eBay hack could result in social engineering schemes
You’ve probably heard by now that eBay is the latest victim of a massive data breach. The popular site has asked users to reset their passwords as a precautionary measure, but the data that matters most is already compromised, and there is nothing you can do to “reset” it.
Details are still sketchy—sort of standard operating procedure for data breach incidents. What we know is that the breach occurred between February and early March, but was just recently discovered. eBay claims that email addresses, encrypted passwords, names, addresses, telephone numbers, and user’s birth dates were compromised.
Because the passwords were encrypted, there is no immediate risk, but it’s only a matter of time before attackers are able to decrypt them. It definitely makes sense for eBay users to change their passwords. It’s also worth reiterating standard password security practices like making sure you use a strong password, don’t use the same one for multiple sites or services, and change them periodically.
But your eBay password may be the least valuable piece of information from the data that was compromised.
"The fact that user email addresses and physical addresses were taken in the breach is more concerning," says Dwayne Melancon, CTO of Tripwire. "Criminals could use that information to masquerade as eBay customers on other sites, or perhaps ‘social engineer’ their way to users’ other accounts. Unlike the passwords, the other user-specific information was not encrypted and therefore it can be easily reused by attackers.”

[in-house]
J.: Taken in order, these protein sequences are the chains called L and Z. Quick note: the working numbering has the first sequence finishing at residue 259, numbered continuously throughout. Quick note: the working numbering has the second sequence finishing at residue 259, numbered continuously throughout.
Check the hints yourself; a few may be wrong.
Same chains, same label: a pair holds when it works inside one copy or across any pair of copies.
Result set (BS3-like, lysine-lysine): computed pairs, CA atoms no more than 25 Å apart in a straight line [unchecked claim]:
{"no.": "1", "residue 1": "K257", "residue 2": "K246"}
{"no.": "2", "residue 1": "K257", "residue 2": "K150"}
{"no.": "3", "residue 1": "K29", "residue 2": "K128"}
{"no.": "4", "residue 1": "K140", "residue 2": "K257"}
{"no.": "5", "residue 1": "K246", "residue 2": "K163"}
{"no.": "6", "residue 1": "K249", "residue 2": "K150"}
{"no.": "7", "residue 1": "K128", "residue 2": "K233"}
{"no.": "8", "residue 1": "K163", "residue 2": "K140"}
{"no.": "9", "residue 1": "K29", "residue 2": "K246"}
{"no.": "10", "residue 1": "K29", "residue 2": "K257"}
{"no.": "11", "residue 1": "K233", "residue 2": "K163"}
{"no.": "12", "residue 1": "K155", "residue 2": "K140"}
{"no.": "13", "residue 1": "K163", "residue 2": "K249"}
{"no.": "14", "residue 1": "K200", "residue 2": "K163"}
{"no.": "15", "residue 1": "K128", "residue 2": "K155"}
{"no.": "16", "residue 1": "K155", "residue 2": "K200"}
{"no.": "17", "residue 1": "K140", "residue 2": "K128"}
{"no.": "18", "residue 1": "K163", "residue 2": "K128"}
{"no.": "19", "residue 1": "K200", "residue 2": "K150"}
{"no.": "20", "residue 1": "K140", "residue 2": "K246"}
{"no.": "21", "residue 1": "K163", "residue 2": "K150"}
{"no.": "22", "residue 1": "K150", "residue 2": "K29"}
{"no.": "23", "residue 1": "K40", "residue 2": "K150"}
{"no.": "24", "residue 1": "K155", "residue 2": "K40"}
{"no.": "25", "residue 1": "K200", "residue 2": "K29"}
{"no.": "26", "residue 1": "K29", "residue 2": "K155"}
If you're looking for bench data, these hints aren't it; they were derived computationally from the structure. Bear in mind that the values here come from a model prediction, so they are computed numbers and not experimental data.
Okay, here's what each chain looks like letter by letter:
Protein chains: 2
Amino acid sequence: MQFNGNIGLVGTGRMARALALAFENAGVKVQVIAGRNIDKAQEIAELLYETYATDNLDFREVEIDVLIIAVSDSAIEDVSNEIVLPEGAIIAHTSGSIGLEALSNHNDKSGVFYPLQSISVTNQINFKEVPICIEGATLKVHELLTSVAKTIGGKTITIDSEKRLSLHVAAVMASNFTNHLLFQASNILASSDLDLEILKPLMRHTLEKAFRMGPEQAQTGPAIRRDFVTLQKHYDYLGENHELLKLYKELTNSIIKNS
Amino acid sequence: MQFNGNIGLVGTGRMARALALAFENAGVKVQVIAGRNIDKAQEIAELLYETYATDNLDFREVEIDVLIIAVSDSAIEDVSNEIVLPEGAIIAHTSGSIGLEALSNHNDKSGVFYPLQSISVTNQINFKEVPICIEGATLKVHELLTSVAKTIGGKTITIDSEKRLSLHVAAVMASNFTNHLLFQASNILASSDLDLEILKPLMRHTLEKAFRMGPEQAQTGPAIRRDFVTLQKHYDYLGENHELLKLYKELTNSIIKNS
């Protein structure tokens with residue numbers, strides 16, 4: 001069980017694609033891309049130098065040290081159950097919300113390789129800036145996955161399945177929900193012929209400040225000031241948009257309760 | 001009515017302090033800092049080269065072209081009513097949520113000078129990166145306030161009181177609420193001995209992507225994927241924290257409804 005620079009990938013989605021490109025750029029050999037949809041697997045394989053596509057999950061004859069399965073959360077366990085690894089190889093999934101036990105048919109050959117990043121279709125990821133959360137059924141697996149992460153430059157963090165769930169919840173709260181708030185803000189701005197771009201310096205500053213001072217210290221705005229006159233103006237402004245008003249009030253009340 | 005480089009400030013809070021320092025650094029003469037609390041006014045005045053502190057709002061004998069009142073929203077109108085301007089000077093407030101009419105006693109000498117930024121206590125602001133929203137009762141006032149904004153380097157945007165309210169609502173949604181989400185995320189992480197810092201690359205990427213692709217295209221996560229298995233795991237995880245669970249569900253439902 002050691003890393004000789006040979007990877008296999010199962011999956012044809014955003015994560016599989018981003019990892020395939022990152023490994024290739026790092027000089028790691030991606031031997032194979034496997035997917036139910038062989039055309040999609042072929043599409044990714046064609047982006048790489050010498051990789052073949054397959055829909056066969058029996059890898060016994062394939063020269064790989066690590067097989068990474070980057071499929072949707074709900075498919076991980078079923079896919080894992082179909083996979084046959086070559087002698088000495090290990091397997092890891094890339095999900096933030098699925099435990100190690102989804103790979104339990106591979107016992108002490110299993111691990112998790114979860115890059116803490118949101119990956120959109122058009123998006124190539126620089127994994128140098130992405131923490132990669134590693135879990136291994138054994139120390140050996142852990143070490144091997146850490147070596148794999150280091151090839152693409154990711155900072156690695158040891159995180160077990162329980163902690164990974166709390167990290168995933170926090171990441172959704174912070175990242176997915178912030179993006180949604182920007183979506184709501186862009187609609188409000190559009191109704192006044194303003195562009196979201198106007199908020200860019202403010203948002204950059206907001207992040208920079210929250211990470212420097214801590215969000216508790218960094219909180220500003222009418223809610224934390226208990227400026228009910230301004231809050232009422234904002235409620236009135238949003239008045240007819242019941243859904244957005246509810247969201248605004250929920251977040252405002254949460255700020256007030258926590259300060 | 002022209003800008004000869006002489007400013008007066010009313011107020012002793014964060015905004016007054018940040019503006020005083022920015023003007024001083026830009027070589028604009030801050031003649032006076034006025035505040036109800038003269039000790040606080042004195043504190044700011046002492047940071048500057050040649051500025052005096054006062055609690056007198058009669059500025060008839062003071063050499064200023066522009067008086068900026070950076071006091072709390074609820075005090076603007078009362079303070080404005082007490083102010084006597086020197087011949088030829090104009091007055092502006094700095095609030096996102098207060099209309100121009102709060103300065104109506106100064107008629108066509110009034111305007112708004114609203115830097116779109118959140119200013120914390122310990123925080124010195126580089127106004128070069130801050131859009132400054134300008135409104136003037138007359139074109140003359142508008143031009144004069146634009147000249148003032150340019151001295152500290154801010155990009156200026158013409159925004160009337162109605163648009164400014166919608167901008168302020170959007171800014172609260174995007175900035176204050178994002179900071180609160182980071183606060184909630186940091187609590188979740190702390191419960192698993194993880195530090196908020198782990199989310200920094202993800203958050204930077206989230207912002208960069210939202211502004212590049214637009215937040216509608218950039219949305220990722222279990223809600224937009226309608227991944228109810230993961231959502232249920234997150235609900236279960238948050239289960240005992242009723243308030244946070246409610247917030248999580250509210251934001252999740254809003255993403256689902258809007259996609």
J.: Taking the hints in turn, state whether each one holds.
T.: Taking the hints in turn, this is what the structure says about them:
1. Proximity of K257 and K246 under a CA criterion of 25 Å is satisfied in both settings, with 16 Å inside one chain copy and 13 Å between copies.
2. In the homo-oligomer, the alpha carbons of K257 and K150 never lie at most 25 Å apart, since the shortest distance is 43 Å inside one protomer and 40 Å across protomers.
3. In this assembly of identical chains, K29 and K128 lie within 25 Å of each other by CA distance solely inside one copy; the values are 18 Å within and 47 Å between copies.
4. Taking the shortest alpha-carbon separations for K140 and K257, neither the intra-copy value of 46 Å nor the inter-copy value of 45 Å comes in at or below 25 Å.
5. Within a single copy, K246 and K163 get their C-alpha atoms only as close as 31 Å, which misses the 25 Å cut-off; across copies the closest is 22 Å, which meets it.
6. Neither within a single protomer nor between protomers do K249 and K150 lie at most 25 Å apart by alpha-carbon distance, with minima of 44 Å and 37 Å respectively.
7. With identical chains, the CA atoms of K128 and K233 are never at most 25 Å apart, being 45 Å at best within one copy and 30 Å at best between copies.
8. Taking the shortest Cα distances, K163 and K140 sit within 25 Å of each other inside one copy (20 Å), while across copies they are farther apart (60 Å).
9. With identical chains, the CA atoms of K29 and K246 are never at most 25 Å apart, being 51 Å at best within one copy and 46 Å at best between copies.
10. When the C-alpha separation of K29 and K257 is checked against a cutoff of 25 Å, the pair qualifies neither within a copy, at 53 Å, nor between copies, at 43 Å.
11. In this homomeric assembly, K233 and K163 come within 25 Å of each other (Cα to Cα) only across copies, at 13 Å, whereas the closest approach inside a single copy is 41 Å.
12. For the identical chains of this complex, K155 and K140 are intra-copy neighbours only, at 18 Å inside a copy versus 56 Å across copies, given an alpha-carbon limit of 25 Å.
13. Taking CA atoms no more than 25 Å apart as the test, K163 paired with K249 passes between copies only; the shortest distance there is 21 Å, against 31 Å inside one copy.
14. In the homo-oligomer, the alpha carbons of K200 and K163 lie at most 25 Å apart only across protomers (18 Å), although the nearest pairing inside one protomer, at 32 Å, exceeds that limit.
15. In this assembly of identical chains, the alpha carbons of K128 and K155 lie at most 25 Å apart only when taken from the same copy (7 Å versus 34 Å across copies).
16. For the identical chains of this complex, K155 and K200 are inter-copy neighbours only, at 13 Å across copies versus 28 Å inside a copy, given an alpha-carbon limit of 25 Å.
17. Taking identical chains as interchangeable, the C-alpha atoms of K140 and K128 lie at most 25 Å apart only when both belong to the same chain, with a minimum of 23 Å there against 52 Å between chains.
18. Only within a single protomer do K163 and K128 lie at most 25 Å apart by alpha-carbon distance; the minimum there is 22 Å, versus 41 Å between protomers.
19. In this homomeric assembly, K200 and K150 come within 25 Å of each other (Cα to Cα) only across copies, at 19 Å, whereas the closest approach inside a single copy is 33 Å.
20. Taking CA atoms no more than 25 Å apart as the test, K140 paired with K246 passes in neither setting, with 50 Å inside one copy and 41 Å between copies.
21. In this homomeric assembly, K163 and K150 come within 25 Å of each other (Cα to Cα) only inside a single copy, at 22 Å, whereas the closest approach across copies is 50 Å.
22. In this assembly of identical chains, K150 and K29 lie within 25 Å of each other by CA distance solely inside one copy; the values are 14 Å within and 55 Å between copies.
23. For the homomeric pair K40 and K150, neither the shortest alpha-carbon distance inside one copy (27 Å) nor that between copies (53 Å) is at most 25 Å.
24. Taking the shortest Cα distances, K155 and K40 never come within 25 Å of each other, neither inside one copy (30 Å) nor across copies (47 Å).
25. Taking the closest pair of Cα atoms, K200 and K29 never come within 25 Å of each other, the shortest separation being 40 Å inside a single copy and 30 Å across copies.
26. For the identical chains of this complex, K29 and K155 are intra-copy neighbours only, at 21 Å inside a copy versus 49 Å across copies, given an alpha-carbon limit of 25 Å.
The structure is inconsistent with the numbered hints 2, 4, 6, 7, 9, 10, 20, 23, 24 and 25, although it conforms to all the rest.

“Many sites can be easily tricked into resetting passwords—requiring a minimum of personal information to do so,” says Paul Lipman, CEO of iSheriff. “The non-encrypted personal data that was stolen from eBay could potentially enable users’ credentials to become compromised on a wide array of other sites through this kind of social engineering technique.”
The attackers can also use information like your phone number, email address, and mailing address for targeted phishing campaigns.
You can’t trust any emails or phone calls you receive. You can’t even trust snail mail. Any communication you receive should be treated with skepticism, and you should contact the company in question yourself to make sure it’s legitimate.
Lipman summed up on a somber note: “Unfortunately, we likely haven’t yet heard the end of this story.”